W. K. Naylor, to R. P. Naylor, Con
cord tp, 69a, 31.
R. P. Naylor to W. K. Roberts, Con
cord tp, 69a, $1.
W. K. Roberts toR. P. Naylor, Con
cord tp, 104a, $1.
Ida B. Smith to George V. Brown,
Union tp, 52a, $1.
John Stultz to W. R. Prether, Paint
tp, 89a, 81.
Dan L. Satterfield sheriff to Chas. A.
Blaln, Greenfield, lot, $775.
Sarah M. Mackey to Lee Jorden,
Liberty tp, 99a, 81.
Mary E. Davis to Lillie Marconett,
Whlteoak tp, lot, 8100.
Martha C. Orndorlf to Cary F. Mc
Kee et al, New Market tp, 10a, 81.
Jos. W. Watts to OseeCovan, Union
tp, 39a, 31.
Dr. Earl R. Blutz has returned from
Toledo, where he attended the West
Ohio Conference of the Methodist
(Continued from first page)
ror to the hearts of all the people ana
the text was fixed upon the exploits
of Attlla whose barbaric methods
have seemed to harmonize with his
own Ideas of the civilization under the
German conception that would be
best suited to the needs of Europe.
In case the unexpected should hap
pen and the German murder machine
should overcome Europe and domi
nate the seas we Americans, whose
dominating tendency is now toward
permanent peace, would be under the
necessity of spending billions of money
in fleets and armies in order to main
tain our own position, for already the
German government has treated our
Monroe doctrine, with contempt and
if it had not been for England we
would have had to fight for It long
The acts of vandalism, rapine and
murder that constituted the treat
ment of Belgian clvllllans by raiding
parties and some sub divisions of the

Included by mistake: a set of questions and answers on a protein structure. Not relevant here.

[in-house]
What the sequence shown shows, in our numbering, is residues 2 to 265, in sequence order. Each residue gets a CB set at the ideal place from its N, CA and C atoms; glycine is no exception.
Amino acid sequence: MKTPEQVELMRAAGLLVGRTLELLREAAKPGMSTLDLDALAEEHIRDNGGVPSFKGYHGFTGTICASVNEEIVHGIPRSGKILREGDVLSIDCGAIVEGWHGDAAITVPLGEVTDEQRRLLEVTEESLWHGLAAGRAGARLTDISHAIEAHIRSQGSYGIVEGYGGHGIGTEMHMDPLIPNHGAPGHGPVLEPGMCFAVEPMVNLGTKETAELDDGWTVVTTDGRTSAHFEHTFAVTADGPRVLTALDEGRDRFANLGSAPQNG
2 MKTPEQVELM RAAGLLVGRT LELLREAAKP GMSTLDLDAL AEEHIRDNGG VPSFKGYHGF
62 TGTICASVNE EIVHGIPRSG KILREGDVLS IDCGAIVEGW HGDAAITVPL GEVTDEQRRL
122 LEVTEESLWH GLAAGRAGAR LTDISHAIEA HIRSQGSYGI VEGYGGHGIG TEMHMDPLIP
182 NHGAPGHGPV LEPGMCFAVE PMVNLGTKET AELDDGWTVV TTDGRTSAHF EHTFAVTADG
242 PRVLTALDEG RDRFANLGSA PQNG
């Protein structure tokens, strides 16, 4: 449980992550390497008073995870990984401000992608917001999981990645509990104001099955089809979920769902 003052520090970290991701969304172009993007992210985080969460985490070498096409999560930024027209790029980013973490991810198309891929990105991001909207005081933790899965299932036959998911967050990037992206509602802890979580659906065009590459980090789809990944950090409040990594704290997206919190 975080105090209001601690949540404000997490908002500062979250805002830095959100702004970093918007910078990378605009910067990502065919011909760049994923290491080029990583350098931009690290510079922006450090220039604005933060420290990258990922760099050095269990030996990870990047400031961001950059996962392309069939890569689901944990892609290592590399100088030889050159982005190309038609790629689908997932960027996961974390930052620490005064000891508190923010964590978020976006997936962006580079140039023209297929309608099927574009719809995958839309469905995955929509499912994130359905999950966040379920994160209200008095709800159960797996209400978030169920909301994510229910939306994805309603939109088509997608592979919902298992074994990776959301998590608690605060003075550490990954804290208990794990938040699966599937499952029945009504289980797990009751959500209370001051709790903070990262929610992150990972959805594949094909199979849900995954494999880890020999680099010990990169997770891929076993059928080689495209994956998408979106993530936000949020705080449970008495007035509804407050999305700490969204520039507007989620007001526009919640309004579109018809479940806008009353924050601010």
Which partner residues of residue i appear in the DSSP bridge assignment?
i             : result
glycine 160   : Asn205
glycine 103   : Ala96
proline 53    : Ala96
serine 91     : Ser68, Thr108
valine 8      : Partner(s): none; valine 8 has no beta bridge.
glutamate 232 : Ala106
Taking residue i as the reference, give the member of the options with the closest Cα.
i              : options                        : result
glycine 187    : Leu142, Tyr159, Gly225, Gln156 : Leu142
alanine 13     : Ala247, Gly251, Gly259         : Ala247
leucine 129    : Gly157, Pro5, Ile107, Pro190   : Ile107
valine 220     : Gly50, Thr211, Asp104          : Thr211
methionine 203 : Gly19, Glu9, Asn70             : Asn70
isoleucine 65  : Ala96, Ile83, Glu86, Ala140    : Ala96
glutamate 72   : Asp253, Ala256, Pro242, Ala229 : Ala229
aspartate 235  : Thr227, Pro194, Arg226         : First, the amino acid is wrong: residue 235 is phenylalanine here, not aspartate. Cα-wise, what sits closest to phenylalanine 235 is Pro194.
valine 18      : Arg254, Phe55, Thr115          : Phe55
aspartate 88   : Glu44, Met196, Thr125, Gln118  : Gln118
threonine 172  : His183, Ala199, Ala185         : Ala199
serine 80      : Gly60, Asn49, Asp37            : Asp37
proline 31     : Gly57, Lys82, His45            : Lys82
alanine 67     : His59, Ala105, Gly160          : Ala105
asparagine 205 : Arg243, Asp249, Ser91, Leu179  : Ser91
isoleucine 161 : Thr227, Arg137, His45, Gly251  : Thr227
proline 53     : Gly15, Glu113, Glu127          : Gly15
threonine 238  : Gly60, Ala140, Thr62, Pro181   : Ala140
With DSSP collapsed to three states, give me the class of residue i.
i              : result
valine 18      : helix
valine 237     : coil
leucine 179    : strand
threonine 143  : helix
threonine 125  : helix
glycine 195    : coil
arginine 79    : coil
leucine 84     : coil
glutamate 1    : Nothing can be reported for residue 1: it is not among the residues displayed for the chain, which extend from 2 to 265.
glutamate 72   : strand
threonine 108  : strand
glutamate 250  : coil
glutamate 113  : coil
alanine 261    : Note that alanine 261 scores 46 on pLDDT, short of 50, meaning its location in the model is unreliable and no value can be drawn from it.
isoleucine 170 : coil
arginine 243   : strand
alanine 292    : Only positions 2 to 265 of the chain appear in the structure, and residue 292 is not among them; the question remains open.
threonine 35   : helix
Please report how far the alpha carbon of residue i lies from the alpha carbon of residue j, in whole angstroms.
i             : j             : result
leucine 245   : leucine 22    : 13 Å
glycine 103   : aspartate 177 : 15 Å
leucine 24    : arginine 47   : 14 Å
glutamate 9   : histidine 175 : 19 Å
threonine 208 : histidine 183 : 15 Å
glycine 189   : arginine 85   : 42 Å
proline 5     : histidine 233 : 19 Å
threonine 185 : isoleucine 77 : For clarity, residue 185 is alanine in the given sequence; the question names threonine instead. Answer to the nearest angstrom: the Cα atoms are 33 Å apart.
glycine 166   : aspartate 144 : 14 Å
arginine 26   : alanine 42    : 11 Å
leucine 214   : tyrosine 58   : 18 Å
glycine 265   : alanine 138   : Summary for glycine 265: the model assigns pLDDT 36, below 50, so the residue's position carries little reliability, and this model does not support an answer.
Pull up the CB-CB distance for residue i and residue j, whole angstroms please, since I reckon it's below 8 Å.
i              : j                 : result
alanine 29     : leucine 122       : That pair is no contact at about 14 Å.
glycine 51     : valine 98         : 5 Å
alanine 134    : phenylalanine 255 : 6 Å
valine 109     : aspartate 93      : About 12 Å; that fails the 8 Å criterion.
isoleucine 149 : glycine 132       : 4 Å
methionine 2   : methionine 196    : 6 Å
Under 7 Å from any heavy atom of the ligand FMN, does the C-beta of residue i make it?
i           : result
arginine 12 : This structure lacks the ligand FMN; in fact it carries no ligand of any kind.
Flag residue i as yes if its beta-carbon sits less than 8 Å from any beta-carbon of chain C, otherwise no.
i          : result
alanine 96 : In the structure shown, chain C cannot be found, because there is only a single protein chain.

German army are revolting to a degree
which staggers belief but they will
all be substantiated with unerring
certainty when the history of this
war shall have been written, and the
perpetrators of them will suffer the
withering penalty of public opinion,
which, the writer believes, vill go far
toward bringing about the partial dls.
armament of all nations.. Certainly"
at least, the verdict will be that such
power as the German army has at
tained by reason of its stupendous
armament must, if at all, be Intrusted
to other and more humane people.
1 remained In Belgium until the
24th of August and during those
twenty-four days I heard the cannon,
saw the raiding parties and some or
ganized regiments of soldiers who
took part In the work of destruction
which turned Belgium Into a devasta.
ted and waste land out of one of the
most, If not the most prosperous agri
cultural districts of the world ; abso
lute paralysis of all business terror
in the hearts of all people and thou
sands of fresh graves where repose
men boys the very best and most
able in the land widows and orphaned
children left desolate and in want and
all because the nation rose in defense
of her outraged honor wherein had
she failed she would have broken her
solemnly, plighted word and besides,
have, by refraining to defend her neu
trality, perpetrated an act ofwar upon
France and suffered the just'eontempt
of all justice and honor-loving people
throughout the world.
Seeing that there was no hope of
finishing my work, at present, I left
Ostend for London on the evening of
the 24th of August and on the morn
ing of the 25th a German raiding party
entered the town and a battle ensued
between them and the home guards,
which resulted In a number of deaths,
the details of which are already well
On the voyage from Ostend in Bel
glum to Folkstone In England there
was no time during the four and a
half hours, which It required to cross,
that I did not see from one to three
English war ships standing with
steam up, In a solid phalanx stripped
and ready for action should any enemy
be so bold as to attempt to navigate
the sea.
The sense of security that all on the
great ship felt under the protection of
the English fleet was the subject of
universal remark by the more than
fifteen hundred passengers on board,
and I for one was made to feel, more
than ever In my life before, how for
tunate the world is that the domina